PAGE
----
Yet further progress will be tougher to negotiate. Though Unger estimates that scrapping each duplicate application saves another $2 million to $3 million, the fights over which ones stay and which ones go rage on. A recent battle over whether to drop Daimler's Oracle-based database in favor of Chrysler's IBM DB2, for example, continues. Ditto some CRM applications.

And the stakes just got higher. Chrysler's new German boss, Dieter Zetsche, has ordered another $8 billion in cuts at Chrysler over the next three years—just as additional cost-cutting targets are getting harder to find. To eke out more savings, analysts say, Daimler execs will have to start sharing engineering and design work with their Chrysler counterparts, which, up until now, they've guarded tightly. Is it possible? Nearly one-third of the components in the new Chrysler Crossfire sports car, for example, are being borrowed from Mercedes. "Without a shared IT system," says J Ferron, chief of automotive practice for PricewaterhouseCoopers consulting, "such collaboration would have been culturally difficult, if not altogether impossible, cost-wise."

But analyst Keller wonders how much more "commonizing" Unger can do. "How can you [share] dealer networks and purchasing and distribution systems that are very different across the company and very unique to individual markets, based on different ways people buy cars?" Keller asks. "Can many of these things ever be centralized? At some point you have to start finding ways to use technology to create profits, and that's a whole 'nother ball of wax."

Repair Work

Repair Work

For now, however, the wide culture gap between Stuttgart and Auburn Hills remains Unger's bête noire. Even before the merger was officially announced, Unger, aware that bickering would impede fast progress, began creating IT teams to size up the combined companies' IT strengths, weaknesses and priorities (see "CIO Roadmap"). But most significant, Unger says, was her decision to immediately confront most cultural issues head-on.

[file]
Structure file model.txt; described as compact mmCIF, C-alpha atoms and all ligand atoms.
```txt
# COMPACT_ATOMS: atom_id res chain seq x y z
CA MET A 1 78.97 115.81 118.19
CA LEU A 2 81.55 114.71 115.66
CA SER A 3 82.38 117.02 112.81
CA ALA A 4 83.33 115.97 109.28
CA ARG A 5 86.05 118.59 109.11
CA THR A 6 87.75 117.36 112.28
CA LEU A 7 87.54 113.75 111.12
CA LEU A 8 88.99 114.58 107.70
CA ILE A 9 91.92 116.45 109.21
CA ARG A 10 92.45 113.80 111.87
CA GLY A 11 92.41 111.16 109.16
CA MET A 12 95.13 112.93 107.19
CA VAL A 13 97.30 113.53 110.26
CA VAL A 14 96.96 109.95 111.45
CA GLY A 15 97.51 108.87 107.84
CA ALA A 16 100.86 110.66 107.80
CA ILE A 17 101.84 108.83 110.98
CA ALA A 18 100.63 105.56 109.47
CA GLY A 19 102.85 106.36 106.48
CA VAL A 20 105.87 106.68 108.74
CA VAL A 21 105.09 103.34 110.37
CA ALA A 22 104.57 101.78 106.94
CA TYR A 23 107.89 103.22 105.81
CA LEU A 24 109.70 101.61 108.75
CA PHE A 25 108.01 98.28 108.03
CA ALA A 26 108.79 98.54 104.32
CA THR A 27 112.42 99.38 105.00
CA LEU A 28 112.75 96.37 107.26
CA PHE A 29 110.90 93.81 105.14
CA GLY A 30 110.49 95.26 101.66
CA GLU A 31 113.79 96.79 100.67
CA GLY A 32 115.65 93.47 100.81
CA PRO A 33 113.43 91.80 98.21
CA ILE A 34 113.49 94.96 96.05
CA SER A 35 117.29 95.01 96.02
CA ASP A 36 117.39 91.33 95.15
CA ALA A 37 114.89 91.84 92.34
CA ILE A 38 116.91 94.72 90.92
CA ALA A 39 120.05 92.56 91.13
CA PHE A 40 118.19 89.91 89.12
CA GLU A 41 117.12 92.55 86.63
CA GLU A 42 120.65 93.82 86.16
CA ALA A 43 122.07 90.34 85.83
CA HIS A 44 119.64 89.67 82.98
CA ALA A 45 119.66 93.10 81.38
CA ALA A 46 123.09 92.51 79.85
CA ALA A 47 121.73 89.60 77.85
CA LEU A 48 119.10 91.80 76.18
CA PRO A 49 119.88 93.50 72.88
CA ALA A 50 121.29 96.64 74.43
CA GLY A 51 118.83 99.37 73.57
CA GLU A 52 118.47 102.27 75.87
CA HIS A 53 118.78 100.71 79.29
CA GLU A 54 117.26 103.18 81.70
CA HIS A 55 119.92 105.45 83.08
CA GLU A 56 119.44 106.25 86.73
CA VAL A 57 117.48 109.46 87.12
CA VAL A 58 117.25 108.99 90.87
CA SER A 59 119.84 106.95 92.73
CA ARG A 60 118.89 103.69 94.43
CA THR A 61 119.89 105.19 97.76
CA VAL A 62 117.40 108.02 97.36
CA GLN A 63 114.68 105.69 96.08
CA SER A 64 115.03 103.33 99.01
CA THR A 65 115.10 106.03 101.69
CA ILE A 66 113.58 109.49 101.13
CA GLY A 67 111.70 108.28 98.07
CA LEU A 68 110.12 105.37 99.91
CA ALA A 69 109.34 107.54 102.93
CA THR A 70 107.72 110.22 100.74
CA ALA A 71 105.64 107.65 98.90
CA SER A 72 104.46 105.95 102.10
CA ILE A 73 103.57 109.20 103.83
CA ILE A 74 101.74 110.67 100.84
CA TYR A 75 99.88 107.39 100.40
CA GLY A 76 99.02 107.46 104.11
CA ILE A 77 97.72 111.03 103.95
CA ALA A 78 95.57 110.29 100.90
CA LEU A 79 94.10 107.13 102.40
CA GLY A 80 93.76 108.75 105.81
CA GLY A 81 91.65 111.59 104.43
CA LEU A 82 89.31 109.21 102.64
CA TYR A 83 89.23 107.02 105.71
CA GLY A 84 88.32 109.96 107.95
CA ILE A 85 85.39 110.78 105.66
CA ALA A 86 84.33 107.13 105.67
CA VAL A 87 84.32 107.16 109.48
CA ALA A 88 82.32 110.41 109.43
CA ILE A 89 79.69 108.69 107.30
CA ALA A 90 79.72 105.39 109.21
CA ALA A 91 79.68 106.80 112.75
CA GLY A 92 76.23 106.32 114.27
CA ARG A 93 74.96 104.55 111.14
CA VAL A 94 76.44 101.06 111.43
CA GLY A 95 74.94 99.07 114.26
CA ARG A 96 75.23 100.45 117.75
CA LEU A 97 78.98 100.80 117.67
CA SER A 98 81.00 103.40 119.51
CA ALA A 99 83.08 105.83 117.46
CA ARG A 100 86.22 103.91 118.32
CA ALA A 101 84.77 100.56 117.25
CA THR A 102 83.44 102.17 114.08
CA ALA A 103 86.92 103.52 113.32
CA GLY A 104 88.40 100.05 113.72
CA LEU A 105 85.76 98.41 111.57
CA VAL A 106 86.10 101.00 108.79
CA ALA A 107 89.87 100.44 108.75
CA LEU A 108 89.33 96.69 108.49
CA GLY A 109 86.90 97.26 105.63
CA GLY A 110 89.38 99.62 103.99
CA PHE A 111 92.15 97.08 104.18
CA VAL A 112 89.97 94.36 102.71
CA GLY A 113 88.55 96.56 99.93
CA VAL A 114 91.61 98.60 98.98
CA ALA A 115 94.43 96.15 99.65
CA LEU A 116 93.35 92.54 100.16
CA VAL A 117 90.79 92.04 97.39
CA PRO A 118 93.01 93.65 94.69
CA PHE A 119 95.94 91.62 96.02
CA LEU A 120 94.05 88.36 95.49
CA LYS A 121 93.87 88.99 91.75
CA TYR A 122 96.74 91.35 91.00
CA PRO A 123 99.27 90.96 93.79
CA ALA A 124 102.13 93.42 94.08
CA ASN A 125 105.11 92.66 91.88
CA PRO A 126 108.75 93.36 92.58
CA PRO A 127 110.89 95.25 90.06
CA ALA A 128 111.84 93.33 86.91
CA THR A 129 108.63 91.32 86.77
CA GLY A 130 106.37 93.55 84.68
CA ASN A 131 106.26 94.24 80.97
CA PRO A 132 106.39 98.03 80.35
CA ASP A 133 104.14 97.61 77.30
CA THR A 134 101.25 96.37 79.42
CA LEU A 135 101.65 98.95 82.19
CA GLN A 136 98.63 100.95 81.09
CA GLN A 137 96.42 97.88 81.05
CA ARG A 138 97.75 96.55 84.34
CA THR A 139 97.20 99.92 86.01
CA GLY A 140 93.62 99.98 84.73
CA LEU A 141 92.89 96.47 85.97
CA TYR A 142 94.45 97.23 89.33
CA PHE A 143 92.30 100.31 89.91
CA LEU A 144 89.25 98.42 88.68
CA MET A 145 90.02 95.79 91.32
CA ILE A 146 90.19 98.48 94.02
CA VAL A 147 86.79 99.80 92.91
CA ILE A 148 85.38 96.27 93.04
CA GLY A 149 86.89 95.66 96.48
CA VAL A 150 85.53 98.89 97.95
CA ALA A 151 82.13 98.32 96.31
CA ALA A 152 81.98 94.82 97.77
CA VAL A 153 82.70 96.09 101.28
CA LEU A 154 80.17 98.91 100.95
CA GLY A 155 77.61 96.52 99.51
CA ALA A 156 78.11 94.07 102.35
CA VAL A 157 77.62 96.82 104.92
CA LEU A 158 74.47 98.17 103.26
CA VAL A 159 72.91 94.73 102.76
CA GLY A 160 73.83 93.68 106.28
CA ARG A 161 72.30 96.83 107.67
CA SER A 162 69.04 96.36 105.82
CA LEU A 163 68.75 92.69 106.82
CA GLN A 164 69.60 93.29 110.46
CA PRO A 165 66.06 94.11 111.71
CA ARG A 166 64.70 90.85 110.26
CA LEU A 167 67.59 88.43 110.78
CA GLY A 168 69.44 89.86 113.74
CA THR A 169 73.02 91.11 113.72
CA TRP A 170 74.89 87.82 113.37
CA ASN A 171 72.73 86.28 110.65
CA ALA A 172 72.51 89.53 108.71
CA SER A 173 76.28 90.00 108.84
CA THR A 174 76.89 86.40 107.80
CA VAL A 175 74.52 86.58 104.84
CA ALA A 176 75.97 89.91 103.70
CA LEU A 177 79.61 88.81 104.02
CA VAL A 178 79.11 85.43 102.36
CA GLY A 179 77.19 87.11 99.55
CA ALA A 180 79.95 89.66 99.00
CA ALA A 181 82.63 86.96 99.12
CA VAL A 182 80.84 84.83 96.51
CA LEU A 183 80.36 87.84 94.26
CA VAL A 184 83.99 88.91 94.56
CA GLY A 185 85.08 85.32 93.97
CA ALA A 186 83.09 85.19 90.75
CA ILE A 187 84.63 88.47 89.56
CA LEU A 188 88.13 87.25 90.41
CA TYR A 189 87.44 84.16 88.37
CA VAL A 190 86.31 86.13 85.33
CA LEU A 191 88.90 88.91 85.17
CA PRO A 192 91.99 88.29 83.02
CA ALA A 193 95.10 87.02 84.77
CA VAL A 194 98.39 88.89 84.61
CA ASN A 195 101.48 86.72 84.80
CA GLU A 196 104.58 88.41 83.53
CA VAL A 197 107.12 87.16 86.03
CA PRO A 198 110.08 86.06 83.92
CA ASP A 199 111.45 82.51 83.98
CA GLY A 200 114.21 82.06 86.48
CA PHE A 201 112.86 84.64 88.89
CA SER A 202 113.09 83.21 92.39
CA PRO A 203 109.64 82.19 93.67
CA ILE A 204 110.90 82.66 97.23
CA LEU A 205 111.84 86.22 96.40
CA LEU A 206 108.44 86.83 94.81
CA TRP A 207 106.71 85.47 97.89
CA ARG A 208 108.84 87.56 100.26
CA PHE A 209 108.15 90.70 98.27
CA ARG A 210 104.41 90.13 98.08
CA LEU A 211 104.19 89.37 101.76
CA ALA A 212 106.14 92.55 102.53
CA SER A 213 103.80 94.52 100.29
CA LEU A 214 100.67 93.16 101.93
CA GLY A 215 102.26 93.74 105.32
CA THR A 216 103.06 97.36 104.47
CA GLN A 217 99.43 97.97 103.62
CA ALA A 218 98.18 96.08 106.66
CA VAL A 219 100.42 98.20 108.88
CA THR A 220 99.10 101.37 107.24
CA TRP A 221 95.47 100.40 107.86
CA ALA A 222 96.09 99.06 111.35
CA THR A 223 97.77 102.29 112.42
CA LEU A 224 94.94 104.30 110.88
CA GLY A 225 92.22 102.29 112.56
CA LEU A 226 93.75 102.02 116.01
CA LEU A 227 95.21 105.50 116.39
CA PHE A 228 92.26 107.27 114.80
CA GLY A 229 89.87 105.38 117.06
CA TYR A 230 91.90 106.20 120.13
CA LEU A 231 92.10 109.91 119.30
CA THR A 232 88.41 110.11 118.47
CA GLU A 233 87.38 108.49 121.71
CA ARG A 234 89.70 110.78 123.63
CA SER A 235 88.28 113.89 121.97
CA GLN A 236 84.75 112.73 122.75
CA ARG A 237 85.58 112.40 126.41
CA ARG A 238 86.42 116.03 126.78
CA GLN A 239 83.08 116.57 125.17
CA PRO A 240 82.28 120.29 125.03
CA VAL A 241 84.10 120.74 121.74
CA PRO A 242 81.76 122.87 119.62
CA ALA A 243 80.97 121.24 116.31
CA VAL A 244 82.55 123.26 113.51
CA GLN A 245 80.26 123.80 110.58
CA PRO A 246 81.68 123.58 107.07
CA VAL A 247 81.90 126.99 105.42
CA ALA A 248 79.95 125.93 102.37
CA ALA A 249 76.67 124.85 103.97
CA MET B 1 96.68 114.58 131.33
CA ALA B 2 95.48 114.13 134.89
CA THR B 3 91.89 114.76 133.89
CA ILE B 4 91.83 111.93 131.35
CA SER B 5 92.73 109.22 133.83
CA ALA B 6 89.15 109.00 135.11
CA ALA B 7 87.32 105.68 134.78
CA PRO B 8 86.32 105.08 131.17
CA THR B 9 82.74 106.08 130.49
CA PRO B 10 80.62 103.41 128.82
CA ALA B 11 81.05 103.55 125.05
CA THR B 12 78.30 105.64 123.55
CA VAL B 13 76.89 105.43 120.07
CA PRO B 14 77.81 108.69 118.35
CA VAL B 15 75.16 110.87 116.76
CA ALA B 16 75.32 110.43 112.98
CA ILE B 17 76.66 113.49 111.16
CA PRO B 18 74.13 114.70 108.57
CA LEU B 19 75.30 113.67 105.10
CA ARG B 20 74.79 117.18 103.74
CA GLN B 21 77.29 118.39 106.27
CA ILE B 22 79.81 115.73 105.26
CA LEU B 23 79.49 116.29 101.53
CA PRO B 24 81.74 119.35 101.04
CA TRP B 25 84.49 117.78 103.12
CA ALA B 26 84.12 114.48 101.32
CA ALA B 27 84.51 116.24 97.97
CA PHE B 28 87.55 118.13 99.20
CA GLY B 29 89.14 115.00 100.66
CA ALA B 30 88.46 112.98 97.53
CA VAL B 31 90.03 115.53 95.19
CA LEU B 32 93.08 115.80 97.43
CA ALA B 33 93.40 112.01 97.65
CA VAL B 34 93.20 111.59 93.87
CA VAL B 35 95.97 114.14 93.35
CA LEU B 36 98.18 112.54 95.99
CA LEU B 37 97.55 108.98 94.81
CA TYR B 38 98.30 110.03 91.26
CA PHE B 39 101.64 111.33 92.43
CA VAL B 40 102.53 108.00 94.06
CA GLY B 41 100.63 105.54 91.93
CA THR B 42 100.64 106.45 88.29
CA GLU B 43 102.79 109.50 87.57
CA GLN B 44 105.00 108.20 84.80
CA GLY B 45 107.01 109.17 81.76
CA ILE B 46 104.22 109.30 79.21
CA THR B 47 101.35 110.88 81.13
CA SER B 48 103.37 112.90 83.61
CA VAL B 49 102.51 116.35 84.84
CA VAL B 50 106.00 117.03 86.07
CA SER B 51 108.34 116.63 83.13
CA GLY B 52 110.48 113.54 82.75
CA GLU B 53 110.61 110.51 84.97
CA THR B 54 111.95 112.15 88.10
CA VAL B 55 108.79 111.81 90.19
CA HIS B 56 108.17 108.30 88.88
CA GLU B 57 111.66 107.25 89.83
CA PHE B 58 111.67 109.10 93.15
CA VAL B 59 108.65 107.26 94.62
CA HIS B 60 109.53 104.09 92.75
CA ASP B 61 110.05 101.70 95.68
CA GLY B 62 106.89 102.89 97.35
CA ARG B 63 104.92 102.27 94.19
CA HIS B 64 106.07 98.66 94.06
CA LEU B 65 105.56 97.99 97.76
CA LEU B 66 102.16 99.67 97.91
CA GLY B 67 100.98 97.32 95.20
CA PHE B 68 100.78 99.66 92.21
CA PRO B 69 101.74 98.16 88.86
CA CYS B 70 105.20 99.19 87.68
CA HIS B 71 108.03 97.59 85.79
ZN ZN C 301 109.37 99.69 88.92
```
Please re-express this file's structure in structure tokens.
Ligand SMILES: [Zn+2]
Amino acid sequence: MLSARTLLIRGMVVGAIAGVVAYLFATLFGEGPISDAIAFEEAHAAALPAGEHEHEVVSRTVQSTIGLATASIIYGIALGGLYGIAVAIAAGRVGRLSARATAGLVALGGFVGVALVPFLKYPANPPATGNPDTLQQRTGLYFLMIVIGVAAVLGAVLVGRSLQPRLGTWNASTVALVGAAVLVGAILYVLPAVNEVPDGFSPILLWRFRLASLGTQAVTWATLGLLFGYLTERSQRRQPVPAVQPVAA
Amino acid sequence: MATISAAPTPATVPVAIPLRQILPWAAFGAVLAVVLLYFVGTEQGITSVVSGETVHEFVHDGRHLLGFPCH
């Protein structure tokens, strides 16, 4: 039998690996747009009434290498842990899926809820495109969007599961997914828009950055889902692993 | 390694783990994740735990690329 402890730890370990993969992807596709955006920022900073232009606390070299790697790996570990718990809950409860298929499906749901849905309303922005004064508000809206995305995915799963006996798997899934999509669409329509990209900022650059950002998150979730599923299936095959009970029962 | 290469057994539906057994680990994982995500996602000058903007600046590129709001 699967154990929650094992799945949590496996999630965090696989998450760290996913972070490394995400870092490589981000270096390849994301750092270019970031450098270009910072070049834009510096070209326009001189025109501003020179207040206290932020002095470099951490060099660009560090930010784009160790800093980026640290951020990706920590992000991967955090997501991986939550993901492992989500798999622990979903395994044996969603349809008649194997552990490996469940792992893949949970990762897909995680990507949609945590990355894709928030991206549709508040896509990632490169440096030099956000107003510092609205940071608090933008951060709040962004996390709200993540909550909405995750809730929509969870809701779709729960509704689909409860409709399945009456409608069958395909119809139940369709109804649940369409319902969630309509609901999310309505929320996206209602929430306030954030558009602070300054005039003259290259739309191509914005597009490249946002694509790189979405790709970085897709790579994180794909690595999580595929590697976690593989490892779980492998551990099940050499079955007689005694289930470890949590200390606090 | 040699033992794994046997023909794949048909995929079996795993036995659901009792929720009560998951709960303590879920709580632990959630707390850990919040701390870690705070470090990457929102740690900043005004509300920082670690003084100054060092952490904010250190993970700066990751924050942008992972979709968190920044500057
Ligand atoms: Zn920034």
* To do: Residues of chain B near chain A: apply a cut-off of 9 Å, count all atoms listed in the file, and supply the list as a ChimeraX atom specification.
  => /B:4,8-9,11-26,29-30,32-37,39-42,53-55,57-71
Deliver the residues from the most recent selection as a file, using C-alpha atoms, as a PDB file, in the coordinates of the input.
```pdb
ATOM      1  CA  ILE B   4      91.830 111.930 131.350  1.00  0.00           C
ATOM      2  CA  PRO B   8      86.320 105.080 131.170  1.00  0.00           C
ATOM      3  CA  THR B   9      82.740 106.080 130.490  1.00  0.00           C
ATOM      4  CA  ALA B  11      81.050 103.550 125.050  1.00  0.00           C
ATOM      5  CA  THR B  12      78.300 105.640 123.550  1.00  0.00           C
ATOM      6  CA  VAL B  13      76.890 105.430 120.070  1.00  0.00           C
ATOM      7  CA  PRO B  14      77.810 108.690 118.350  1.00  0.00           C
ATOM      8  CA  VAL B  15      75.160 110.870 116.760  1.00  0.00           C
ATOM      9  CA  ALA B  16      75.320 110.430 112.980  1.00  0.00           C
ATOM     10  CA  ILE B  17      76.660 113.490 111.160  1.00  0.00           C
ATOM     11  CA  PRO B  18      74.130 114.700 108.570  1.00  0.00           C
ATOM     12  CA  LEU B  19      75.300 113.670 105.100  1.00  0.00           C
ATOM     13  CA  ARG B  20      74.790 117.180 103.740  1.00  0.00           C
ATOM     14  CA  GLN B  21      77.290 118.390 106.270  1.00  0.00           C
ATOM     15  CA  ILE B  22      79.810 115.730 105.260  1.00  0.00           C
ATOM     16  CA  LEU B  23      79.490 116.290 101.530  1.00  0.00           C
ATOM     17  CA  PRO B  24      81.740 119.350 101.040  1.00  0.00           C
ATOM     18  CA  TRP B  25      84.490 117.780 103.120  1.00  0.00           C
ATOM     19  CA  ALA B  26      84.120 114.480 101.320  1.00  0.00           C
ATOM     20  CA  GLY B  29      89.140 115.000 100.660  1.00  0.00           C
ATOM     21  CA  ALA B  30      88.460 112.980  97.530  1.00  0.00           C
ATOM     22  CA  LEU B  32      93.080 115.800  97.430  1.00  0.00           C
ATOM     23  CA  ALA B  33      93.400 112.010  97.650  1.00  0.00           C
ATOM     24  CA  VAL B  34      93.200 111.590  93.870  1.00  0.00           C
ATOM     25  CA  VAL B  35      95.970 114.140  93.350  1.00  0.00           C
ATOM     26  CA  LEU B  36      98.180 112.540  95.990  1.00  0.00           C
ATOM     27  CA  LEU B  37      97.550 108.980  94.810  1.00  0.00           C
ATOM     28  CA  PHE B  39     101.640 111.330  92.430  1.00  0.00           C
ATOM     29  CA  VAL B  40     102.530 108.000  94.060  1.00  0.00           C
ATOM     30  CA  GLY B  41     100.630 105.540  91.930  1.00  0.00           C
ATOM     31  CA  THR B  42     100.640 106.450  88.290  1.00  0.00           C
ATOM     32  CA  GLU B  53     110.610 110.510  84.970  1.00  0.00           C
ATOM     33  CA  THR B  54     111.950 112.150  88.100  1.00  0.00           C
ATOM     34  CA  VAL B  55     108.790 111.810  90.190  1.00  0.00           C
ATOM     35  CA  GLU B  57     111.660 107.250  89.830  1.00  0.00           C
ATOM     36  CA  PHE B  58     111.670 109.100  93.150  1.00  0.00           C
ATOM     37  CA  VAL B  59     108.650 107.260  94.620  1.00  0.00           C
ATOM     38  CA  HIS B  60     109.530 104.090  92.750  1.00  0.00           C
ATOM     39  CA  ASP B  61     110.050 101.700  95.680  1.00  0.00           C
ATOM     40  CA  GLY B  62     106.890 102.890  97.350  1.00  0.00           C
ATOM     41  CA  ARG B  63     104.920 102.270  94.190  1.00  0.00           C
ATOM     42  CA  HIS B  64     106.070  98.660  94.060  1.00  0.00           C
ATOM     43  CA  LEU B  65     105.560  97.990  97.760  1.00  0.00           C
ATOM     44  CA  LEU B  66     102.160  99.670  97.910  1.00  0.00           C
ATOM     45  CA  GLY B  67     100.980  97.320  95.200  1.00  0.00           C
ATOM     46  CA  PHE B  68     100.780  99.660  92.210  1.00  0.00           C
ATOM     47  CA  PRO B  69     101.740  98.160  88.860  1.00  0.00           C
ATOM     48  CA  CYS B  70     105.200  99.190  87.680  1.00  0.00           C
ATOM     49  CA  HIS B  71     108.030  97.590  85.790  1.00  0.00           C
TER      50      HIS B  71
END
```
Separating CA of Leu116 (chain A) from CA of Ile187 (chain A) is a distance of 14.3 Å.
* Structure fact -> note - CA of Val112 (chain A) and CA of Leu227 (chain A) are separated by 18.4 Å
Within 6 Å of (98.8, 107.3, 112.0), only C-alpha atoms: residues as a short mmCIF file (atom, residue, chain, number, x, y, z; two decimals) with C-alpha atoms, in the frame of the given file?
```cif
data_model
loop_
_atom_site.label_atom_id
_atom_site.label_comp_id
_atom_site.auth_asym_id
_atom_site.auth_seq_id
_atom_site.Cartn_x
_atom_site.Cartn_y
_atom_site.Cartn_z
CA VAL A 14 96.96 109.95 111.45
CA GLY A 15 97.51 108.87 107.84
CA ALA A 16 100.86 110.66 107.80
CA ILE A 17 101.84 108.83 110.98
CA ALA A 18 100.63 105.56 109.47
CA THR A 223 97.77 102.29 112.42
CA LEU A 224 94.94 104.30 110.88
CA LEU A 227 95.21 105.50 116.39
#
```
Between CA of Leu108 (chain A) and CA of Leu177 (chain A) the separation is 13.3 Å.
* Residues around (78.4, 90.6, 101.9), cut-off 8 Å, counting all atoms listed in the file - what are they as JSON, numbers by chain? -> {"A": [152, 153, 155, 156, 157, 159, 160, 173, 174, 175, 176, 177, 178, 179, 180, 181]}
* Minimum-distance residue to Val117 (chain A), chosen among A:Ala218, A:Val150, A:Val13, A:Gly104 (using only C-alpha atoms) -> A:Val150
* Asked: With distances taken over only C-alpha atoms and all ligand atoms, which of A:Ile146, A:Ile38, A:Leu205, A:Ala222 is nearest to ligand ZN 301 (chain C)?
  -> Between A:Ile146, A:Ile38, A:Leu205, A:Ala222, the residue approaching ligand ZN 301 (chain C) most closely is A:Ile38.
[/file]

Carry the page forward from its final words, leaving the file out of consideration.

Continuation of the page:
Under Unger's leadership, DC used a "Balanced Scorecard" to measure progress by the IT group toward a specific goal— in this case, cross-cultural cooperation. Unger's group was ranked with color- coded "grades." In DC's case, green meant progress, yellow meant problems and red meant failure. "At first," Unger recalls, "we were always being rated red, never green. I was always in trouble. But I knew that if everyone was comfortable right away culturally, we couldn't be doing the right thing." Creating a new culture out of two old ones was not going to be comfortable for anyone, she says, "so we hit the hard issues first and I did what I could to bring out the pain right at the beginning."

Unger moved quickly, for example, to establish who would be in charge, who would report to whom, how decisions would be made and what sorts of behaviors would be discouraged—and punished—come performance review time. Unger also sought to manage expectations, as in her belief that "red" was not something to worry too much about in the merged company's first weeks.

Six months into the merger? Unger's group started scoring green. "I think what helped is that we focused not on territory, but on ROI as a unifying theme," she says. Unger also sought input from the business side at every turn, and set time limits on deliberations. "Most frustrating has been the difference in the way people work," Unger says. "The Germans, at first, wanted to take weeks to make decisions that the Americans wanted to make in hours."